Anyway, enough; this post sounds like I’m complaining …. I intended it to be a post to show what mum is up to and to let you know that I am, indeed, still in the craft world.

So, here we go...

the blanket made from squares which I sewed together (tricky when the “squares” are all different sizes and tensions):
 mum's blanket #1

and the blanket made from strips which I knitted together and grafted by the no-sew-method taught by Galena Khmeleva in her Orenberg lace workshops.
   mum's blanket #2
Both photos were taken from the front deck of the house we rented for ten days’ holiday/vacation in June. (It was supposed to be a holiday but planning, shopping and cooking – even with assistance - for eight people every night is not a holiday for me!)

I was going to show you the pile of strips but it’s uninteresting so you’ll have to wait until the strips become blankets! 

In my next post I’ll show you the quilting projects I have finished since March. Expect the post on either Friday or Saturday when I link up with Thank Goodness It’s Finished Friday.

Until then; may your stitches bring you much joy!


  1. nice that Mom renewed her interest in knitting and those are two mighty fine finishes. kuddos to you for helping to join them into blankets! funny how life has us take different turns than we had anticipated in life.

    1. Because mum's tension varies from day to day (or even hour to hour), the strips vary in width and the squares were all different sizes -- I just couldn't inflict the joining of them on to anyone else! ;-)

  2. Lovely to hear from you again Lynn and those blankets are great. It good that your mum has an interest to keep her occupied. Life is a funny old roundabout. I wonder if your mum used to find you standing over her, when you were a young girl, waiting for her to sort out your knitting, stitching or other craft problems. I certainly remember doing that and found it amusing but slightly annoying at times when my mum would be embroidering but had to get me to thread the needle as she couldn't see the eye. Can't wait to see your quilting projects.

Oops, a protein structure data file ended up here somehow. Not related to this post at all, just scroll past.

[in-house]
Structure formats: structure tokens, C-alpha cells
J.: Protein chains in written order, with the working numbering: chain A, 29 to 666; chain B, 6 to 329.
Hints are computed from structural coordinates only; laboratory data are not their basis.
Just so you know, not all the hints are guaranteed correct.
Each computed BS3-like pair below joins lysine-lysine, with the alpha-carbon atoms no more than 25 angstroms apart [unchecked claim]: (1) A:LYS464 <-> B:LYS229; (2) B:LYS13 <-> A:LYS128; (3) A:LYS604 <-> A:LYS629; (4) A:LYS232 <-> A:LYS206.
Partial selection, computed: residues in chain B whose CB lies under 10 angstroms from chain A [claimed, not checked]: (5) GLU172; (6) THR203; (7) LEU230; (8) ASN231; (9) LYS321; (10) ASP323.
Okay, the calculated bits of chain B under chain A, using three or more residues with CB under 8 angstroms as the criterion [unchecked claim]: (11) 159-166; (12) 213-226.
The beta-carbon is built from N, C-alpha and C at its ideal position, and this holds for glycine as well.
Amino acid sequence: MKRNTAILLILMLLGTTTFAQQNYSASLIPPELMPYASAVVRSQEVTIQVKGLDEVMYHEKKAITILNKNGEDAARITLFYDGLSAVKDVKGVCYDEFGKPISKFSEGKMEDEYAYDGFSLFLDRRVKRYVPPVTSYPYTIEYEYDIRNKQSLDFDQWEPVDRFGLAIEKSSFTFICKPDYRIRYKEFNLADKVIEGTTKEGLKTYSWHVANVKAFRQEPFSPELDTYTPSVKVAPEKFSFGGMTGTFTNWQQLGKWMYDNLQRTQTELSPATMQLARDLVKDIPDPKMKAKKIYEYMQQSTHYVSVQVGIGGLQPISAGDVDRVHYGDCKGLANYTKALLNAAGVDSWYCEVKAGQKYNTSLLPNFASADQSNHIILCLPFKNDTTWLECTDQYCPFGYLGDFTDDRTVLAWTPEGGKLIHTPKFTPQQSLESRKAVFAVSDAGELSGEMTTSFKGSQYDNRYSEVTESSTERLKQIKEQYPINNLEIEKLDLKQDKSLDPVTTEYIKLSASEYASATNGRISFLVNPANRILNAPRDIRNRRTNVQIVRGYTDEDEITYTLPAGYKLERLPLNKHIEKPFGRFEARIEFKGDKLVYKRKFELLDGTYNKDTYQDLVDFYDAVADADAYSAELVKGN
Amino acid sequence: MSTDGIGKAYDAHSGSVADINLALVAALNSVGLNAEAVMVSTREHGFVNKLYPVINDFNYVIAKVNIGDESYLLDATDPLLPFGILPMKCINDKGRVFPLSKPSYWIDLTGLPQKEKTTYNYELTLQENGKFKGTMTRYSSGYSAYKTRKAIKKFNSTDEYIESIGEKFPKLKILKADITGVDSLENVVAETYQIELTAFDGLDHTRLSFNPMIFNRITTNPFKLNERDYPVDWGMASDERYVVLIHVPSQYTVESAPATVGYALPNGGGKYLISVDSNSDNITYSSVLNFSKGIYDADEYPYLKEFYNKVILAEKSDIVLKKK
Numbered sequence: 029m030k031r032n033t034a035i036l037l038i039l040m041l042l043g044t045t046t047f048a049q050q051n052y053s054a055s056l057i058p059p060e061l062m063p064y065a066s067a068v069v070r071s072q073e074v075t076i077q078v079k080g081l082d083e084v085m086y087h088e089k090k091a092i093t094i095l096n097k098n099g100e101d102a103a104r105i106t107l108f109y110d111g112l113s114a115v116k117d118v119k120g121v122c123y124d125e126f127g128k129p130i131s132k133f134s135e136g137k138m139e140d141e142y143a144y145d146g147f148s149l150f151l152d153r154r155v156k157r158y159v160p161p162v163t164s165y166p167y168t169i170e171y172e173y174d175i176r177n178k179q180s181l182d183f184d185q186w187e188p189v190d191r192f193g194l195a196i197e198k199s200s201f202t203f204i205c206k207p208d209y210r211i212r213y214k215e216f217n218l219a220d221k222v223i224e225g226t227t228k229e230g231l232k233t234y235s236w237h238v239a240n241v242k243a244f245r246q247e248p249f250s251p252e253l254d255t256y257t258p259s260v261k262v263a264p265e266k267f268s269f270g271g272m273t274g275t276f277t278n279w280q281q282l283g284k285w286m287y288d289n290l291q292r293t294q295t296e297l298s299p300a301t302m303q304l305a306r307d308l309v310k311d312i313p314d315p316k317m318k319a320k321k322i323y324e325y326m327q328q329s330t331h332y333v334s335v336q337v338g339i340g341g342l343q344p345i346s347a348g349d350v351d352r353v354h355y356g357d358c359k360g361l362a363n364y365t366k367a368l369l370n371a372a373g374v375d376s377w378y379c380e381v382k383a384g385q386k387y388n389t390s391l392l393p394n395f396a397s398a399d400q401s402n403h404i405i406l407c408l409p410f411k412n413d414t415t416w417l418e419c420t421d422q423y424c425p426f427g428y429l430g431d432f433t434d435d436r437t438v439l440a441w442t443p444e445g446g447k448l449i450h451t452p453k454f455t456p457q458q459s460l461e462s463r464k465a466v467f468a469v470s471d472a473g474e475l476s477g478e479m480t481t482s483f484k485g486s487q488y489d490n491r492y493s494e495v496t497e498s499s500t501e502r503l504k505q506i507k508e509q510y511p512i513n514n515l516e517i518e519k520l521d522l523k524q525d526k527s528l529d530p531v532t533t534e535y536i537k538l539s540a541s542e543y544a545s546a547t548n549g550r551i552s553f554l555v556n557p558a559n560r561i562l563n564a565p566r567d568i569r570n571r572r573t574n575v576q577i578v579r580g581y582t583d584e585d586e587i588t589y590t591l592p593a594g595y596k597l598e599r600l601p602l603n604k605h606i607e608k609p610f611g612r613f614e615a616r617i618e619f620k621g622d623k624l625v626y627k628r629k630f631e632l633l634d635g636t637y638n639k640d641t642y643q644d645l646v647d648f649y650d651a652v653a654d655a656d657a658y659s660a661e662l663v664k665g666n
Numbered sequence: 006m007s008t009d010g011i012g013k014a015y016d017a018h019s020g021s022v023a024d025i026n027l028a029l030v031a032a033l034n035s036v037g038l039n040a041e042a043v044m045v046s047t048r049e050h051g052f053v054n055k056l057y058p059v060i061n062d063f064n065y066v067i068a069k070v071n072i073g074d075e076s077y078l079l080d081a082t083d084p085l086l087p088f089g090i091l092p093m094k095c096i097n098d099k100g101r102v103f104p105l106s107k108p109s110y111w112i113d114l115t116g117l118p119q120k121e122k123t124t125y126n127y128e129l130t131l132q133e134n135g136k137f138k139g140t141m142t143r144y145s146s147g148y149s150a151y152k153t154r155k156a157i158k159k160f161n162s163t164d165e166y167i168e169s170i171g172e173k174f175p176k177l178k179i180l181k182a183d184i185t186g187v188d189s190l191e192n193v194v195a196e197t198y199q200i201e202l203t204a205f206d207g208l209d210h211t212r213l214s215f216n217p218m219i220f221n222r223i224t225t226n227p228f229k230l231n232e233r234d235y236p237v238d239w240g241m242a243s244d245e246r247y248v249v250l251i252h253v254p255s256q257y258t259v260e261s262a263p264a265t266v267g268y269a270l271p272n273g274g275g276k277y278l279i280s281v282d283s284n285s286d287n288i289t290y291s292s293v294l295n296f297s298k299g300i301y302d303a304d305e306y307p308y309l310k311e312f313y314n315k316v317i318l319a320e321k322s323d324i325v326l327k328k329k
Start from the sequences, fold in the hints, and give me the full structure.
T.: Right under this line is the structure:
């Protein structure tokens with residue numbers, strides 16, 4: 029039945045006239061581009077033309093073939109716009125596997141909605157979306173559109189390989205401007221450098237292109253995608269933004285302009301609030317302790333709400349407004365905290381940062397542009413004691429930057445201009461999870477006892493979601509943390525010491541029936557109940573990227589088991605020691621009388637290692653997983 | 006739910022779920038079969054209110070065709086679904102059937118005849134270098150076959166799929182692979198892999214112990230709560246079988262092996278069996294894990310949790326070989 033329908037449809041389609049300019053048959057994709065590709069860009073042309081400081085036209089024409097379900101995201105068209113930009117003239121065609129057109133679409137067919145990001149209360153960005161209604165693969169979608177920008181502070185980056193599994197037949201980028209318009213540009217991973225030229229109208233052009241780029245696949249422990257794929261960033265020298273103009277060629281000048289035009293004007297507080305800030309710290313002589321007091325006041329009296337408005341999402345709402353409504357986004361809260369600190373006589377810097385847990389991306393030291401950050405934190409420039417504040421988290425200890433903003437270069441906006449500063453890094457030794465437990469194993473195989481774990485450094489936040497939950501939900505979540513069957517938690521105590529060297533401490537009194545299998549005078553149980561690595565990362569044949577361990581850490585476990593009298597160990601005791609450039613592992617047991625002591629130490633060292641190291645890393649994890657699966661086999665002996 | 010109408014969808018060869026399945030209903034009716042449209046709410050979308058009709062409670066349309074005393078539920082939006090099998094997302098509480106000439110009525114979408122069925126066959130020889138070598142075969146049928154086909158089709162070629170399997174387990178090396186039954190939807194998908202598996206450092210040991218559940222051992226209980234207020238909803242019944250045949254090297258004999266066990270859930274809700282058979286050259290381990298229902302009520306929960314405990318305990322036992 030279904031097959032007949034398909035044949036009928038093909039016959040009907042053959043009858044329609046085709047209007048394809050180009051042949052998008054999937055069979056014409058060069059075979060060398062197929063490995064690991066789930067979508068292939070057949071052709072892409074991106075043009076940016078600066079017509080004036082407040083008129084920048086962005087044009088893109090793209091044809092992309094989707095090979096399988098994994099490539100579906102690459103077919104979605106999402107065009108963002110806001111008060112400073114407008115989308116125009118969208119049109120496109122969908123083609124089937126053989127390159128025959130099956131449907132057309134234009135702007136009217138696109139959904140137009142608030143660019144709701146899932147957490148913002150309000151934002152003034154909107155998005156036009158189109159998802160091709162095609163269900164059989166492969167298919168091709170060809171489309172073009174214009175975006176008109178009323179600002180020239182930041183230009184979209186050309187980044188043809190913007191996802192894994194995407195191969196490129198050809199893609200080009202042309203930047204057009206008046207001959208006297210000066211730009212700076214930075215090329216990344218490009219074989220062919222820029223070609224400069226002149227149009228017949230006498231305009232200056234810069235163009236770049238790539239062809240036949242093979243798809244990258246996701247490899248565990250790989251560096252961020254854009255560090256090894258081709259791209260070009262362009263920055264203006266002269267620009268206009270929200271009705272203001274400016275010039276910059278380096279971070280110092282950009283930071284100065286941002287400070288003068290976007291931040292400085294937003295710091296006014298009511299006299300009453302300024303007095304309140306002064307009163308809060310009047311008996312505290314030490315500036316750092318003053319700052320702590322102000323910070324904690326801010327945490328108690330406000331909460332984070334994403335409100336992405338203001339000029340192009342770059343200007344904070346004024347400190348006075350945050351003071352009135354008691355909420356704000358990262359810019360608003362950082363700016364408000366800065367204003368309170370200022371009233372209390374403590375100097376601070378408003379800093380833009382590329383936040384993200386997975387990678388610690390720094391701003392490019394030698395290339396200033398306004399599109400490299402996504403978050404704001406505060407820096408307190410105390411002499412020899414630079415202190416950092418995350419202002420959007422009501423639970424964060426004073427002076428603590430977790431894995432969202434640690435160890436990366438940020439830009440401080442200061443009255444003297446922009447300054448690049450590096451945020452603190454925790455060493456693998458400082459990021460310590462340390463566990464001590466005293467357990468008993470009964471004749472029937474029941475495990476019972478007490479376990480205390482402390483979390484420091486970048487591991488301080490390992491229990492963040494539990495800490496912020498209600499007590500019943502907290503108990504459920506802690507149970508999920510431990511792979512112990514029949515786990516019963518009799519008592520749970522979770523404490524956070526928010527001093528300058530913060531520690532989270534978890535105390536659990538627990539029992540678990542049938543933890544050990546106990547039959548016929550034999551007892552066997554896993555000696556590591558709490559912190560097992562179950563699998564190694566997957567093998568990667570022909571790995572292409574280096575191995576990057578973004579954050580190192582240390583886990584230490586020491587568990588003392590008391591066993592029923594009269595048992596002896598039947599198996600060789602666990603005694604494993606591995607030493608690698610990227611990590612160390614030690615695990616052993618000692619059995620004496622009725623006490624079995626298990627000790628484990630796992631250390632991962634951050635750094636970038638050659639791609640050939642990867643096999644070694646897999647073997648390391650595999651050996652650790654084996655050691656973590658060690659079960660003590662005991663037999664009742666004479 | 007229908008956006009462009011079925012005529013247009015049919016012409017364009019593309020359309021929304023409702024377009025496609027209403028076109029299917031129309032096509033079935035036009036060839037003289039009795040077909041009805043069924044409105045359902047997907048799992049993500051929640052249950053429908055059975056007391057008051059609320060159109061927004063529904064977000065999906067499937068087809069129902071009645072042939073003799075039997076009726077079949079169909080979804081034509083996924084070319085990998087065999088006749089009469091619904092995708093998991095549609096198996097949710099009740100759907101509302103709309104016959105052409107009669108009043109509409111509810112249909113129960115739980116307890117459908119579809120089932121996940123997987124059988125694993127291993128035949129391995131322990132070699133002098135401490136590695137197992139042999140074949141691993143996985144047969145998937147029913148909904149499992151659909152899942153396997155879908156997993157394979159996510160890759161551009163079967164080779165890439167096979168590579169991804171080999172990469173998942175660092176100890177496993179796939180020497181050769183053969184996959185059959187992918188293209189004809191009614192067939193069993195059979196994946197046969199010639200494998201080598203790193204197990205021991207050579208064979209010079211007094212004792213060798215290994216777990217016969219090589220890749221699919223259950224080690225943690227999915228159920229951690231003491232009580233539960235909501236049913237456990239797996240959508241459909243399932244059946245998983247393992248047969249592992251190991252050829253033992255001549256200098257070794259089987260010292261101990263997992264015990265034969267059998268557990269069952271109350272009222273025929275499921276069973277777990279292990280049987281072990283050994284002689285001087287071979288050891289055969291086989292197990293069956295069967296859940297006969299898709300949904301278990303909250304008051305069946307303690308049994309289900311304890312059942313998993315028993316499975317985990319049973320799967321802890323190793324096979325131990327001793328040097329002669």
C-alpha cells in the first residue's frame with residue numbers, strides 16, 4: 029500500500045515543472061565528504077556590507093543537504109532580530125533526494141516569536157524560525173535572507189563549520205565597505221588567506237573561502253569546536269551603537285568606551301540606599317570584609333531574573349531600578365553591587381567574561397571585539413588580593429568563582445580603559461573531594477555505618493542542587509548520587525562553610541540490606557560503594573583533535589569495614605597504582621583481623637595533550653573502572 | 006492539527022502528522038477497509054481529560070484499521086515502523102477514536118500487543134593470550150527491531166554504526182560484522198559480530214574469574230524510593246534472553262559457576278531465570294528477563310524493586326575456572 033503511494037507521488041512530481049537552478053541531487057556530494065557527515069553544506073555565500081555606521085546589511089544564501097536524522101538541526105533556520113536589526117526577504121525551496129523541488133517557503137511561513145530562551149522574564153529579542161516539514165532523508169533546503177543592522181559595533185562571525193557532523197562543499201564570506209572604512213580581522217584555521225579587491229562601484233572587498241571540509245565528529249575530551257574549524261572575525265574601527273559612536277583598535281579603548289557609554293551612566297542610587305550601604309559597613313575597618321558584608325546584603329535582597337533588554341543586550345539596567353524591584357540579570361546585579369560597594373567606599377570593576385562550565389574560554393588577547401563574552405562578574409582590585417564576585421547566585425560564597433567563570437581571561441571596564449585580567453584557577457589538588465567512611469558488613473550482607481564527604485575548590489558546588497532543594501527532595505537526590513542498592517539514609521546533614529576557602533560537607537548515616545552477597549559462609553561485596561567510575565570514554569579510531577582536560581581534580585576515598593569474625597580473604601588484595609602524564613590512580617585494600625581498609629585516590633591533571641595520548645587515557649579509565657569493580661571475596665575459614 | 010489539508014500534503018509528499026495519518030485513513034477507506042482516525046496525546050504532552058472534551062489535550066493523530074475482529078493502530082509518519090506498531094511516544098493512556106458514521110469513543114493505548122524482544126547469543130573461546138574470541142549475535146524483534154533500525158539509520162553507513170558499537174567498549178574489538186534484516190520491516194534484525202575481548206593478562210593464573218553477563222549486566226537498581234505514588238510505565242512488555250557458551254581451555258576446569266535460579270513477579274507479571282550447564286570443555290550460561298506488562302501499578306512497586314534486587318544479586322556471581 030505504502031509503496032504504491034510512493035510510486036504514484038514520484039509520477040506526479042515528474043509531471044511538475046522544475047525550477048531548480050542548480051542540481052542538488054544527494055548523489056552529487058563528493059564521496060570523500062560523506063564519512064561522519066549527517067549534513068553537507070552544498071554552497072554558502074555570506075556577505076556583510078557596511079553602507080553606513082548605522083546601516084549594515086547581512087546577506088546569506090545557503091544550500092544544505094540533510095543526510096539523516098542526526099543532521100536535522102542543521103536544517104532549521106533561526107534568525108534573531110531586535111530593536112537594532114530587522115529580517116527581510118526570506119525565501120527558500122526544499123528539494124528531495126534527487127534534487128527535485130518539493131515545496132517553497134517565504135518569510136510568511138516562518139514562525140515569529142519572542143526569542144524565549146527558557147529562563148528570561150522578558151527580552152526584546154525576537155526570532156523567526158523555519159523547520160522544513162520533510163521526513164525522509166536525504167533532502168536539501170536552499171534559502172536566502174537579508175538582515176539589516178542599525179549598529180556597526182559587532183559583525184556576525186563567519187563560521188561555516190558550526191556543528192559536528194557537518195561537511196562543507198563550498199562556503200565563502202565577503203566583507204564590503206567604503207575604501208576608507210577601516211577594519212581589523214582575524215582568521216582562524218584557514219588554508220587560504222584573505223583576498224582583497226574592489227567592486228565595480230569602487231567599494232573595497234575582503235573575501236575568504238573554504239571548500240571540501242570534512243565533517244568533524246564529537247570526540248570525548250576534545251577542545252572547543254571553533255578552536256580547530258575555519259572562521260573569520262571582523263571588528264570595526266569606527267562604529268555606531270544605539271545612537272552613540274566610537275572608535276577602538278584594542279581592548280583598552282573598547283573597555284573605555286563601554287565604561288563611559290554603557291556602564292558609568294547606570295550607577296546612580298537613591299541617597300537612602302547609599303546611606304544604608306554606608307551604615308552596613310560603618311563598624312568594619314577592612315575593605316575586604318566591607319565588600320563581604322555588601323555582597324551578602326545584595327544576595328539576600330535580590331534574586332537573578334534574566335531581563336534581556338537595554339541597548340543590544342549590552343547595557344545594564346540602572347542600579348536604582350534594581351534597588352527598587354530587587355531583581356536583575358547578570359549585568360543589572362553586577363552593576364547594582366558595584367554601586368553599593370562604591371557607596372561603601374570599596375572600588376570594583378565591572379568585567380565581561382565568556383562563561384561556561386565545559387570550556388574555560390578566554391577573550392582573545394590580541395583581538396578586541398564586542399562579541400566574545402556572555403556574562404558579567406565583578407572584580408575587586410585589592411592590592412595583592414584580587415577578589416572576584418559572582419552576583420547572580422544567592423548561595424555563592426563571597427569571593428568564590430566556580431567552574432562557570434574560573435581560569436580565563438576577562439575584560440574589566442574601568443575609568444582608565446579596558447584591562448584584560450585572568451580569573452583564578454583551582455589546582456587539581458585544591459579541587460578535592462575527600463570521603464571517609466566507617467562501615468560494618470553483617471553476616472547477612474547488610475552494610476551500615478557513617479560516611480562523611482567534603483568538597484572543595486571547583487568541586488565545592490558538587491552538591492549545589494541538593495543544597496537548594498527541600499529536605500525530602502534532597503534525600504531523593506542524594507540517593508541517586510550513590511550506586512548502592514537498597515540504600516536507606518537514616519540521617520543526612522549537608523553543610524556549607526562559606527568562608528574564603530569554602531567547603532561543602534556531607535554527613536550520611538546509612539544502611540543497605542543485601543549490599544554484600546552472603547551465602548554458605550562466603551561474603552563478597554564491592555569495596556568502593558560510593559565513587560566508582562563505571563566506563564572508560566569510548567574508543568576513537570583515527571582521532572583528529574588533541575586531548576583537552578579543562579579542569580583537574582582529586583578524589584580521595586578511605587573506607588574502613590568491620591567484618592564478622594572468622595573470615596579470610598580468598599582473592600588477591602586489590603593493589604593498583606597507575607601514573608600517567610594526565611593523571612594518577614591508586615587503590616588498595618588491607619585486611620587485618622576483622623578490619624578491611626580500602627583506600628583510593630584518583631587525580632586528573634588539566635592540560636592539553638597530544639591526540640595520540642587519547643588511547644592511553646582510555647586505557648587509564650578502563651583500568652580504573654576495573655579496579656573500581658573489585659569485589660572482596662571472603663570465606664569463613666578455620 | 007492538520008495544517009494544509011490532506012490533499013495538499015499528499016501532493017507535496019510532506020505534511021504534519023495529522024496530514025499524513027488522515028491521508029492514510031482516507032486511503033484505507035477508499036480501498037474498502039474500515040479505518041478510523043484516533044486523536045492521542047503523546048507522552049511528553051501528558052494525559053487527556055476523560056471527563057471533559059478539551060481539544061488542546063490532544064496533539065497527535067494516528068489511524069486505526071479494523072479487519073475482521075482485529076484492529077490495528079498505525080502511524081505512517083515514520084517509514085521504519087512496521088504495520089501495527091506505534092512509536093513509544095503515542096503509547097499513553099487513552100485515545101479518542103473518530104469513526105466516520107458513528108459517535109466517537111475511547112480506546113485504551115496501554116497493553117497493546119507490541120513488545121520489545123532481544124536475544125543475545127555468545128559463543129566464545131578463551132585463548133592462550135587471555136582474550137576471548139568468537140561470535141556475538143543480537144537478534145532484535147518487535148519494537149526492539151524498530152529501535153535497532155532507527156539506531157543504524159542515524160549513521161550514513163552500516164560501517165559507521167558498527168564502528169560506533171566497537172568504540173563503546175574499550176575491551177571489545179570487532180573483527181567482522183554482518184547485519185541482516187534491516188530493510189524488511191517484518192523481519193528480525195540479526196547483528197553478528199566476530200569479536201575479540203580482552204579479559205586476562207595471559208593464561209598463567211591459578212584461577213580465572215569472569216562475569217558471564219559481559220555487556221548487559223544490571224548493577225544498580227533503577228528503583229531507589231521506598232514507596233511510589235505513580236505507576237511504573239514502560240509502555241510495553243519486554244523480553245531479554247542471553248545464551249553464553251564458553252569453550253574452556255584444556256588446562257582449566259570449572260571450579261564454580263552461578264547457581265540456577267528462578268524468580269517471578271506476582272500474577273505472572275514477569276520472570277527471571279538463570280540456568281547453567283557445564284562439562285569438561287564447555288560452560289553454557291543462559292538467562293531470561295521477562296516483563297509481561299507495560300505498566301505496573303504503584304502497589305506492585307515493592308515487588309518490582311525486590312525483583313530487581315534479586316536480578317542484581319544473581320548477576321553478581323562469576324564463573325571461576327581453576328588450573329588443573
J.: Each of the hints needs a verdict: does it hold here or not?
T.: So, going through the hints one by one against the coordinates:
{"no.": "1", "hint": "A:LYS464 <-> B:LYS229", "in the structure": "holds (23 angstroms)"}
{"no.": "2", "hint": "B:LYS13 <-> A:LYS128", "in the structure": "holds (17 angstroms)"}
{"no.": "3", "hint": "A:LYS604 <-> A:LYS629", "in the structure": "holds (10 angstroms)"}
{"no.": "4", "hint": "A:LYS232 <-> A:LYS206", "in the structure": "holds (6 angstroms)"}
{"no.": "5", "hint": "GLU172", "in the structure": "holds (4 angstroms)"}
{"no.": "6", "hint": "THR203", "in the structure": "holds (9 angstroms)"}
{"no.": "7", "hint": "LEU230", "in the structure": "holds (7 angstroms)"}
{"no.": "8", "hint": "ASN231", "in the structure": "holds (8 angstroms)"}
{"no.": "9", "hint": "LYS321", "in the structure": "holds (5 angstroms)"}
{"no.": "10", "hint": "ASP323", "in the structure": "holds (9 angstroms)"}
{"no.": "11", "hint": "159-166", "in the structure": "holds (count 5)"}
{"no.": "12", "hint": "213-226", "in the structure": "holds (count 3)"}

1. I don't remember back that far! LOL
      Most of the crafts I got into were after I was married -- expect knitting; mum was the one who taught me that and fixed all my issues. Thanks for reminding me of that!

  3. So wonderful to see a post in my blog feed! I pictured this kind of busy when you feel from the blogosphere for a bit; we understand. I'm glad you have streamlined your hobbies/interests. It's what we have to do by now. Deep breaths with your mom...
    Sending you hug; know you are prayed for each day.

    1. It's this kind of busy that keeps me going! LOL
      Thanks for the hugs and the prayers.

  4. Good to hear from you....this stage of life and care giving is full and heavy. Do you see the role reversal? It use to drive me crazy, until I figured it out. Extra hugs to get you thru.

    1. I do see the role reversal and it's one of the things that I find most difficult!
      Thanks for the extra hugs -- I sure can use them.

  5. Glad to hear you are still crafting, in whatever unique way life allows you to these days. Hang in there. I'll keep your family in my prayers.

  6. Crafting and family history research, coupled with the support of my husband, are what keep me going on bad days! Friends praying for me are a wonderful, appreciated bonus! Thank you.